• Indexing List

IP International Journal of Medical Paediatrics and Oncology


Cytomegalic inclusion disease of the newborn- A short review


Full Text PDF Share on Facebook Share on Twitter


Author Details: Prashant Mule,Sanjeev H*,Sneha K.,Abhay Kumar

Volume : 4

Issue : 3

Online ISSN : 2581-4702

Print ISSN : 2581-4699

Article First Page : 85

Article End Page : 92


Abstract

CMV infection is common in all populations but rarely associated with symptomatic illness in immunocompetent individuals. Immunocompromised patients are more commonly affected and it is a major cause of multi-organ dysfunction. The severity of disease depends upon degree of immunosuppression. Infection with CMV is extremely common but disease is a rare occurrence. The large majority of infections are clinically in apparent as with other Herpes virus infections, leading to prolonged latency, with occasional reactivation. Intrauterine or postnatal infections may lead to the development of clinical disease. Cytomegalic inclusion disease is seen almost exclusively in infants born to mothers developing primary CMV infection during pregnancy. Cytomegalic inclusion disease of the newborn or fetal death are common sequelae of Intrauterine CMV infections. This is associated with hepatosplenomegaly, jaundice, thrombocytopenic purpura and hemolytic anemia. The cytomegalic inclusion disease is probably the most important cause of microcephaly. Other manifestations are chorioretinitis and cerebral calcification. Survivors may show mental retardation. The diagnosis of CMV relies on demonstration of the agent (virus, viral proteins and nucleic acids) either in body fluids, and/or tissue or on serological responses in a patient with clinical findings consistent with CMV infection. Antivirals for systemic treatment of congenital and perinatal CMV infection are ganciclovir and valganciclovir. High-risk group such as patients undergoing allogenic bone marrow organ transplantation, acquired or innate immunodeficiency syndromes and premature infants are ideal candidates for prophylaxis against CMV infection. Administration of CMV immunoglobulins and screening of blood and organ donors for virus and its products are considered in prevention.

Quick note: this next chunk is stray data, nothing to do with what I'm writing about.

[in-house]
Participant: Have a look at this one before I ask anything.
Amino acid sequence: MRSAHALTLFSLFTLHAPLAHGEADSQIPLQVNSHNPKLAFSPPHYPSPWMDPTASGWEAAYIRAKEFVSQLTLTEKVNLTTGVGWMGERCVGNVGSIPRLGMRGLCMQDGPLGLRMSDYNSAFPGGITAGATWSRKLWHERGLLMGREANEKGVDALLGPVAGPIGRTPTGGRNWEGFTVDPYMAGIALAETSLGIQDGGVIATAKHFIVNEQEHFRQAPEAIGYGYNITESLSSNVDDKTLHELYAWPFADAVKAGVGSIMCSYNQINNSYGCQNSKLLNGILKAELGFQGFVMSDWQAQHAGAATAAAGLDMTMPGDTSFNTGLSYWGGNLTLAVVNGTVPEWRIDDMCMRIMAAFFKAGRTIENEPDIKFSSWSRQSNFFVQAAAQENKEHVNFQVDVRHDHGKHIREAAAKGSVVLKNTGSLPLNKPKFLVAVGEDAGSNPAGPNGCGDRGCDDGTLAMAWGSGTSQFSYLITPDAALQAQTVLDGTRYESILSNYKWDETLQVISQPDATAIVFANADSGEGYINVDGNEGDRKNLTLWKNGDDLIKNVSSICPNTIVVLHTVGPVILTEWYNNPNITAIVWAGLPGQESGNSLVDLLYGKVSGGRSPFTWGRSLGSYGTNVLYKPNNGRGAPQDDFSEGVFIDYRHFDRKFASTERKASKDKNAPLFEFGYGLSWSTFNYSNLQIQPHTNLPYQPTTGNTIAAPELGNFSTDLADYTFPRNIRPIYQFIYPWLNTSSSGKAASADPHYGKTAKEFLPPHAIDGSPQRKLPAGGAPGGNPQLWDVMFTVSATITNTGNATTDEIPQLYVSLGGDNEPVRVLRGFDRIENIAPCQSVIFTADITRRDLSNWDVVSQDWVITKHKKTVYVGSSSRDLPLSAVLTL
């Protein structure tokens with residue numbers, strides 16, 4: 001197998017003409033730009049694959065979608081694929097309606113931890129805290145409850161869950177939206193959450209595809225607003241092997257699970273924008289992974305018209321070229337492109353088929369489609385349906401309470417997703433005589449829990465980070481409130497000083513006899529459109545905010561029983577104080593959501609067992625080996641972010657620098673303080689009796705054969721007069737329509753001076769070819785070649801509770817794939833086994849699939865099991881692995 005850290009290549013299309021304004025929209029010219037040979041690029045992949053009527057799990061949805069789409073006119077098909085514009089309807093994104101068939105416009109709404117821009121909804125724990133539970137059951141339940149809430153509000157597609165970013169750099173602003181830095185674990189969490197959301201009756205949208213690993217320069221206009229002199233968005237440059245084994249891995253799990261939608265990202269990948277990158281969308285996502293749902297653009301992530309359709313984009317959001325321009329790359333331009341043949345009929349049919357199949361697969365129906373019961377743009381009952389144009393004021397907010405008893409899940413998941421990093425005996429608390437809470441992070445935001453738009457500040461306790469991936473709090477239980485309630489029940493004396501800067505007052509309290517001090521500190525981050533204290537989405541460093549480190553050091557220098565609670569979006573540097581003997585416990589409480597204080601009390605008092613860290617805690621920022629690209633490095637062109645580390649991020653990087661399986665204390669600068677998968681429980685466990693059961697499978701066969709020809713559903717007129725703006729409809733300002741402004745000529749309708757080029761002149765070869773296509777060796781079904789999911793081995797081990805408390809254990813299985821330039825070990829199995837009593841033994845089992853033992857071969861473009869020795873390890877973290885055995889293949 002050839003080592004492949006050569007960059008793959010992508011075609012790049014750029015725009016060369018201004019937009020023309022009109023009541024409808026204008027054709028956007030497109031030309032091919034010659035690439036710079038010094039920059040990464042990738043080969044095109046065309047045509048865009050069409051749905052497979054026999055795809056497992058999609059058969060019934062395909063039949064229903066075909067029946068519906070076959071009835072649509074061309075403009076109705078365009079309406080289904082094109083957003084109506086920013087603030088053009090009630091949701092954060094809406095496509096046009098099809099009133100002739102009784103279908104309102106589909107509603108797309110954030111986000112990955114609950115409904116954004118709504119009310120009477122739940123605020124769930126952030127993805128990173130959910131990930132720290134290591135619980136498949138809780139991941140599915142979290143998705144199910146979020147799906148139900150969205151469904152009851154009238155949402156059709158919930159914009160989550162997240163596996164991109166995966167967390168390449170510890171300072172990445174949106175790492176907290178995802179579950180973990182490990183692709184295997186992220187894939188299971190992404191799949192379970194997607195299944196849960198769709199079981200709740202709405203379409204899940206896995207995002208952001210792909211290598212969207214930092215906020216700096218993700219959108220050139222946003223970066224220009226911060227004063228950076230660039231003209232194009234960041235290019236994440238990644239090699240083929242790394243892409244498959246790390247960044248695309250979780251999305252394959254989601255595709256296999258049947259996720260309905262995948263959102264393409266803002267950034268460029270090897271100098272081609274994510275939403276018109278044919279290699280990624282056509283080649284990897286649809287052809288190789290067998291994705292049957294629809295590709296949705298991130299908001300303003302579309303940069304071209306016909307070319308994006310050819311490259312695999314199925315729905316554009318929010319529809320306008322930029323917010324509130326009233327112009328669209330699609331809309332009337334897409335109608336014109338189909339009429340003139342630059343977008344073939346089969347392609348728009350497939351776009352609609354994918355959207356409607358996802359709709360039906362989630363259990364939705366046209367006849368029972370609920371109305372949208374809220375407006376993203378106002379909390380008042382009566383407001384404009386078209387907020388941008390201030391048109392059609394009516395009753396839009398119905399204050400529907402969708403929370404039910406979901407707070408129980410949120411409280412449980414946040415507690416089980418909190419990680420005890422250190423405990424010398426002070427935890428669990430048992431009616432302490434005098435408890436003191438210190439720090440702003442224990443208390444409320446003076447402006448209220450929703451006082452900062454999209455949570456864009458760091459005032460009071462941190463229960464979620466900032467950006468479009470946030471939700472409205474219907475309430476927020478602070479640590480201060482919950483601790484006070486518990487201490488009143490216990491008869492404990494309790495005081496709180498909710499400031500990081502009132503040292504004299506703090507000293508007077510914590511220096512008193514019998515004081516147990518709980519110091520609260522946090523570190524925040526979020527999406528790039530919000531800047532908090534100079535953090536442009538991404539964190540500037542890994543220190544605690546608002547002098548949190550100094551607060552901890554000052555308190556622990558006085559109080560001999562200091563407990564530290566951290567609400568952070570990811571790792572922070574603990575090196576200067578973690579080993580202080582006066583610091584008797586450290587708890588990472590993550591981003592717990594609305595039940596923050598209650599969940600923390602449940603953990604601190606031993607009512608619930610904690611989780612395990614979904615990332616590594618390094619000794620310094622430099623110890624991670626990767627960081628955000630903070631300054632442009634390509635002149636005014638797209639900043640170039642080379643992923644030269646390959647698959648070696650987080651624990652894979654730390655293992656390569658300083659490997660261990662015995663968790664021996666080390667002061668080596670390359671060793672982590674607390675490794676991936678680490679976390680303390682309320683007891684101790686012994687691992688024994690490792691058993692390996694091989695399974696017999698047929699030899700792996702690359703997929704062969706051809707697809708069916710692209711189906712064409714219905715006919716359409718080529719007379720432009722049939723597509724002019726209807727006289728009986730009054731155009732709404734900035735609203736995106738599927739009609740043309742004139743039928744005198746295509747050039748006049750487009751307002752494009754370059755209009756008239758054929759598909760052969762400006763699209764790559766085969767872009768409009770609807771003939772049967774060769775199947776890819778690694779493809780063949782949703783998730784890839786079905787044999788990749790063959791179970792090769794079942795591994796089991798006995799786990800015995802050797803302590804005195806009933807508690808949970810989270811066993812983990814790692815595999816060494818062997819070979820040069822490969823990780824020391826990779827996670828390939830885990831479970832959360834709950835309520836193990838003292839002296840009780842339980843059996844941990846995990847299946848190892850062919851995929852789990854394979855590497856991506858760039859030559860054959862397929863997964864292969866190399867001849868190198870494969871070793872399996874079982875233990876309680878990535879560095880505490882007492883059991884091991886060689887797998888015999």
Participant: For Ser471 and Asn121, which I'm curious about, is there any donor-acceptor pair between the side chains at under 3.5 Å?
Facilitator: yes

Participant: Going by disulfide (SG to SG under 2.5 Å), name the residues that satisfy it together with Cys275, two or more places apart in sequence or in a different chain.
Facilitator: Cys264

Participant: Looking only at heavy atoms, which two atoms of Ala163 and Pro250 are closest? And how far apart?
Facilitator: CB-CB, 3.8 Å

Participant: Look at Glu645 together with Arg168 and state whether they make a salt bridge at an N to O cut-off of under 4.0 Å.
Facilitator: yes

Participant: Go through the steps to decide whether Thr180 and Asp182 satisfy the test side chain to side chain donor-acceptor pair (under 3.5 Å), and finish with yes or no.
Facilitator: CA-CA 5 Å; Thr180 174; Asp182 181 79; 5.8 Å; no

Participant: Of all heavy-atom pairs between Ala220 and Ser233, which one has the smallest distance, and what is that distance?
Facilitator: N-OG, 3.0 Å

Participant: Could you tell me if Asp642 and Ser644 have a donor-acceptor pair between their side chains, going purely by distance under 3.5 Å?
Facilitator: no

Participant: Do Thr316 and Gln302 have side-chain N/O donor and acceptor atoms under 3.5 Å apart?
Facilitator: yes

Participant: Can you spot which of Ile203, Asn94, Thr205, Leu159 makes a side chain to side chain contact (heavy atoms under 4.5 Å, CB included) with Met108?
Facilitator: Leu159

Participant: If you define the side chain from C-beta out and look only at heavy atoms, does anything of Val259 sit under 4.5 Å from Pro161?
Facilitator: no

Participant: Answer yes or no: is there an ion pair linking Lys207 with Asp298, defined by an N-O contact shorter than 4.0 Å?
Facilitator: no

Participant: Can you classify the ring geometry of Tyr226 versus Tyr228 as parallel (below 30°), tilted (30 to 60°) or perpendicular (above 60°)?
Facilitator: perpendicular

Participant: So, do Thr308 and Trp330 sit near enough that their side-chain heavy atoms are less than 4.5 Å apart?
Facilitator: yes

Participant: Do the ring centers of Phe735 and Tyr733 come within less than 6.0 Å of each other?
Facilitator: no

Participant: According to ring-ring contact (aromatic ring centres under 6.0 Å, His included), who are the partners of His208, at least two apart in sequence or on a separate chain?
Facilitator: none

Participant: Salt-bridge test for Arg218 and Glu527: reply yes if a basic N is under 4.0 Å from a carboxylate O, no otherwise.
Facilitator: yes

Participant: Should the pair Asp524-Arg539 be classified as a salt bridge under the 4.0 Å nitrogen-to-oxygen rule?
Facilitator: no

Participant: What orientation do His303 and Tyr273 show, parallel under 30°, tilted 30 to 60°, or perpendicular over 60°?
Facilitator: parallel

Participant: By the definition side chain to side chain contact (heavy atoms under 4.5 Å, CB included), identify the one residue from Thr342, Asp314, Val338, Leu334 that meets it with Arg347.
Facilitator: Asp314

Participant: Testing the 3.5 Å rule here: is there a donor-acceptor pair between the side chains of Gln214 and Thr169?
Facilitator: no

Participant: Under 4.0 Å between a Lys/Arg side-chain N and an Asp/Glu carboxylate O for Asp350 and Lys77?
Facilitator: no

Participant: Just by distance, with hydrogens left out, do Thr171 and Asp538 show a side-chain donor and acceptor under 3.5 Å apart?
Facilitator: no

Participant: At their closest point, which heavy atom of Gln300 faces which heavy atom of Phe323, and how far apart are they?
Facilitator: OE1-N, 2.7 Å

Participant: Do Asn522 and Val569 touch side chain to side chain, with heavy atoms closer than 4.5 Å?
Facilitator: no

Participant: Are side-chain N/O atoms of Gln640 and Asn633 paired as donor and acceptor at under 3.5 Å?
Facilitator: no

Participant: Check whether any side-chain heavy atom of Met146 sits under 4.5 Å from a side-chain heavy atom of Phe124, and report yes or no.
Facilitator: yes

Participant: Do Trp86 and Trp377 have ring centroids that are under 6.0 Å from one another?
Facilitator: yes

Keywords: Multi-organ dysfunction, Microcephaly, Chorioretinitis, Ganciclovir

Doi :-https://doi.org/10.18231/2581-4702.2018.0019